London: UK universities have taken four of the six top slots in a global university "league table" for 2011-12.
With US's Massachusetts Institute of Technology leading the list, UK's Cambridge, which was top last year, stood second and Harvard University ranked third in the QS World University Rankings, based on a number of criteria.
University College, London (UCL), Oxford and Imperial took fourth, fifth and sixth places respectively.
Seventh place was awarded to Yale University, followed by University of Chicago, Princeton University and the tenth position to California Institute of Technology.
Ben Sowter, of QS Research, warned higher fees and new visa rules could see UK universities struggle next year.
Students trying to get ahead of a trebling in fees for English undergraduates had produced a surge in applications to start university in autumn 2011, Sowter told BBC News.
"We won't know for sure until the 2012 results come in, but we may see a drop off next year," he said.
He also said tougher visa rules for international students could deter some from applying to UK universities.
Just 40 per cent of UK employers agreed visa regulations had helped them hire international graduates - globally the figure was 70 per cent said Sowter.
The UK Government has been widely criticised by MPs within the past week for tightening the student-visa system.
Both argued overseas students should be reclassified so that they would not count towards migration limits, to allow the UK to continue to expand its share of the overseas student market.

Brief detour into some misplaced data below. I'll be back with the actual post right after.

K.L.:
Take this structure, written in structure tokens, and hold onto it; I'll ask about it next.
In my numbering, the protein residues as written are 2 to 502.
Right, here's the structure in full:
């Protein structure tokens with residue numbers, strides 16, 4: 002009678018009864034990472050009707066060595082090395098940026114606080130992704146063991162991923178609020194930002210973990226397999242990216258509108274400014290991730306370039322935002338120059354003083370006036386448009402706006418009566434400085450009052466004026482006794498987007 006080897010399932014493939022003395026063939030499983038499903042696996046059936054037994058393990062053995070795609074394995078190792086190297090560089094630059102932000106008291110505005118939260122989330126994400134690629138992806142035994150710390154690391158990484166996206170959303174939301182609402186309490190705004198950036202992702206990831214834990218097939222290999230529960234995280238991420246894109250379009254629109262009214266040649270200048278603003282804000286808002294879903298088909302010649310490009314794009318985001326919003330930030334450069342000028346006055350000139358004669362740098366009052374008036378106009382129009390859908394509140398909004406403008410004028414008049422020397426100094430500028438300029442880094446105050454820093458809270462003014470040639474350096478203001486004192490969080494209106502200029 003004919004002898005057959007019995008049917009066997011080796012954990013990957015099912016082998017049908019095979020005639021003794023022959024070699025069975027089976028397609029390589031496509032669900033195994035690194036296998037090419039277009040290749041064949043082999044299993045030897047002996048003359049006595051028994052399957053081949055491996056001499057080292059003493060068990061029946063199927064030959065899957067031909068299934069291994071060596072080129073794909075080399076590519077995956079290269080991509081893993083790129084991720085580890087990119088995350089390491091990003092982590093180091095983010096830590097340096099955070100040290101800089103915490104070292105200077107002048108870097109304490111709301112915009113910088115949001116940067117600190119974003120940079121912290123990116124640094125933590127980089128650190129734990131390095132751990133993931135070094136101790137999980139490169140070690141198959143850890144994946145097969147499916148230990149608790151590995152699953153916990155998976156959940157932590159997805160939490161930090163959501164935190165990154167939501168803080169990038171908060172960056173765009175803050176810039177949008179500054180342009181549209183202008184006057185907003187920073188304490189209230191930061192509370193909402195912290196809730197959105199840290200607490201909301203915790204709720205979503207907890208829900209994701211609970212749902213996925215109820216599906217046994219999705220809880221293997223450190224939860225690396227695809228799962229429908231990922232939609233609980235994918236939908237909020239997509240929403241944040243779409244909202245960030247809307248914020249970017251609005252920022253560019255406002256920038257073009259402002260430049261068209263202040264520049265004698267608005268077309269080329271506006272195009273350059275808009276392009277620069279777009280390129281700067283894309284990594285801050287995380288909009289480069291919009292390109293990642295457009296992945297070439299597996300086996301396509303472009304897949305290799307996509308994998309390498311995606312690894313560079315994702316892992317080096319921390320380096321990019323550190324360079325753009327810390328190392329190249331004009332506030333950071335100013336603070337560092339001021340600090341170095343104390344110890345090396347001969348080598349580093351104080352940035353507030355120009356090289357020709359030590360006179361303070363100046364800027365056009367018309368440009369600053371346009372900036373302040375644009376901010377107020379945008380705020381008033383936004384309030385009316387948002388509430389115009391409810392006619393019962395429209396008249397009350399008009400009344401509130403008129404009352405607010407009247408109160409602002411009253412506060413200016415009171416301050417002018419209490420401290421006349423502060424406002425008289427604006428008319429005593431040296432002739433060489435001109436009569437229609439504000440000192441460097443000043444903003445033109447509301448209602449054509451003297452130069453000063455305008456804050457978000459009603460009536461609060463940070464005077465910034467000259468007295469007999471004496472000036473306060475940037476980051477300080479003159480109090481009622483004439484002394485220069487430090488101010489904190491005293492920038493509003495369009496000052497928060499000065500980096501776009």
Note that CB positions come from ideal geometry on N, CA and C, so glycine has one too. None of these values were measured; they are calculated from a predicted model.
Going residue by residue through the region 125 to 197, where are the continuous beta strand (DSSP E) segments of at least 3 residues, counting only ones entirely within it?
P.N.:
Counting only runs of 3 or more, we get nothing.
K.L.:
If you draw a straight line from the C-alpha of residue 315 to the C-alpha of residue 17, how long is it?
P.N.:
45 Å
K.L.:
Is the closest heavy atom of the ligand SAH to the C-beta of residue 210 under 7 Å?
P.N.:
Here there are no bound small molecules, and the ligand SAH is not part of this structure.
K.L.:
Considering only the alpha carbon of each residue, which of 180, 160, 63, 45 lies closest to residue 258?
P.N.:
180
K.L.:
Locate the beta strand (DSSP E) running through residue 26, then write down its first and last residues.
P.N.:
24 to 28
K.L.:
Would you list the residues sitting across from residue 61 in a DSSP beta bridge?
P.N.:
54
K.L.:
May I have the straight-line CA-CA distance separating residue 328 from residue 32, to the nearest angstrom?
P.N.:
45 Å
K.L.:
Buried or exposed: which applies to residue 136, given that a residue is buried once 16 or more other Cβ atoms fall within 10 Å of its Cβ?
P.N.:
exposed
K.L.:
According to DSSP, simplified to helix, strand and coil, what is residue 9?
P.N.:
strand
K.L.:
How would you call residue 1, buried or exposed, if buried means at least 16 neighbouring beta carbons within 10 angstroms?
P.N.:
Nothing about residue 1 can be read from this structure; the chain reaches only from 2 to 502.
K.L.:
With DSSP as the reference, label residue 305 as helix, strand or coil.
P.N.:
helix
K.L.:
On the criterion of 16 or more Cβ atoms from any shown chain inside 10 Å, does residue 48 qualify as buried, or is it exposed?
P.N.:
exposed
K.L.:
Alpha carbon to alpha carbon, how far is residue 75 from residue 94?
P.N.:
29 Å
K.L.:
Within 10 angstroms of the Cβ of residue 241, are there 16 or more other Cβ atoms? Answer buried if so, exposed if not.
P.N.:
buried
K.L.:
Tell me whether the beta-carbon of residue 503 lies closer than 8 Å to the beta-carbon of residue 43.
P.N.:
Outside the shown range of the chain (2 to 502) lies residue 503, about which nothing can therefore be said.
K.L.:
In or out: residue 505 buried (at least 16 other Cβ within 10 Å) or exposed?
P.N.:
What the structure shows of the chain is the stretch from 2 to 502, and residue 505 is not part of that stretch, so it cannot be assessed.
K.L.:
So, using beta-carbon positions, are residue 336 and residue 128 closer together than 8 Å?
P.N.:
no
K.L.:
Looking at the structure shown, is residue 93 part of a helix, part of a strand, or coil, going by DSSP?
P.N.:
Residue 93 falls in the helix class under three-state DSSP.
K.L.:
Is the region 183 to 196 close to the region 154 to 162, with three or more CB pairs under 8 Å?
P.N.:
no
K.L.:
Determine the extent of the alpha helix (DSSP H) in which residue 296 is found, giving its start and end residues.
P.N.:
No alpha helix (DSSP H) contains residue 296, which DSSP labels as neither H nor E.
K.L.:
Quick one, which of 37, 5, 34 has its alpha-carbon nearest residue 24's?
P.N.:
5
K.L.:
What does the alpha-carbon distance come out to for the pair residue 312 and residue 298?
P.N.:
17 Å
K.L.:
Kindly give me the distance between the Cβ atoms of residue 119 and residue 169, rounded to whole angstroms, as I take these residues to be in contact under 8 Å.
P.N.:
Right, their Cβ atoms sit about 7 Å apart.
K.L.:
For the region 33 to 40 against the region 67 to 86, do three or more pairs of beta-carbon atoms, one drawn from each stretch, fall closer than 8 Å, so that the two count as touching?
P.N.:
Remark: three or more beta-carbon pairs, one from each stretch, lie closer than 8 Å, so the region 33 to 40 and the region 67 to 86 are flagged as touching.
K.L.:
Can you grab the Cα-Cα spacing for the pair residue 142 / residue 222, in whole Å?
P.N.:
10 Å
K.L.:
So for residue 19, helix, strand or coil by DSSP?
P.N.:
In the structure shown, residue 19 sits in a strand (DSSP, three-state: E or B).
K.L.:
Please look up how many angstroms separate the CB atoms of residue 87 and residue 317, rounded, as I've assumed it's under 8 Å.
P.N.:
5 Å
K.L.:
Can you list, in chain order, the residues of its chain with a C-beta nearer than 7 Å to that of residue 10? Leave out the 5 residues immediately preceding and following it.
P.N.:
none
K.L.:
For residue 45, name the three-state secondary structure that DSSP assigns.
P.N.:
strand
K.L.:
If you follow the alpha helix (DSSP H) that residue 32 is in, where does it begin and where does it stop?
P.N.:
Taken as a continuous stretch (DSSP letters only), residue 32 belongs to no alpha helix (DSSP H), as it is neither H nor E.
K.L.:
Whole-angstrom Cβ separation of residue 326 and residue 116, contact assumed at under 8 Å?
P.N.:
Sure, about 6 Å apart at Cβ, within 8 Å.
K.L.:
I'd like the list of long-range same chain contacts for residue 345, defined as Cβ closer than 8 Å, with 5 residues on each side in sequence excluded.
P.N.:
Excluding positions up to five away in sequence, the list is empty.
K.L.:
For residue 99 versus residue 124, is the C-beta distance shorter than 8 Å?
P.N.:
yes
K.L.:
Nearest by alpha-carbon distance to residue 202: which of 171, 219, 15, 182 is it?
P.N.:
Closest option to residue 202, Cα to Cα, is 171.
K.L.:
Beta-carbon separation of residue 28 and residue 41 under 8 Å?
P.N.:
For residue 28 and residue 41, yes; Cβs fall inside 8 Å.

The QS rankings rate the world's top 400 universities, evaluating each institution's strengths in research, teaching, the employability of its graduates and international outlook.
"If we are serious about staying on top, the government must concentrate investment where it will have the most impact - in our world-class research-intensive universities," director general of the Russell Group of research-based universities Dr Wendy Piatt said.
"The government has put our university system on a stable footing by introducing substantial government-backed loans, which secure a sufficient stream of funding for the sector while ensuring there are no upfront fees and a progressive repayment system for students," spokesperson of Department for Business Industry and Skills said.
"We believe the attractiveness and quality of our higher education will be sustained by our reforms," the spokesperson added.
First Published: Tuesday, September 11, 2012, 19:31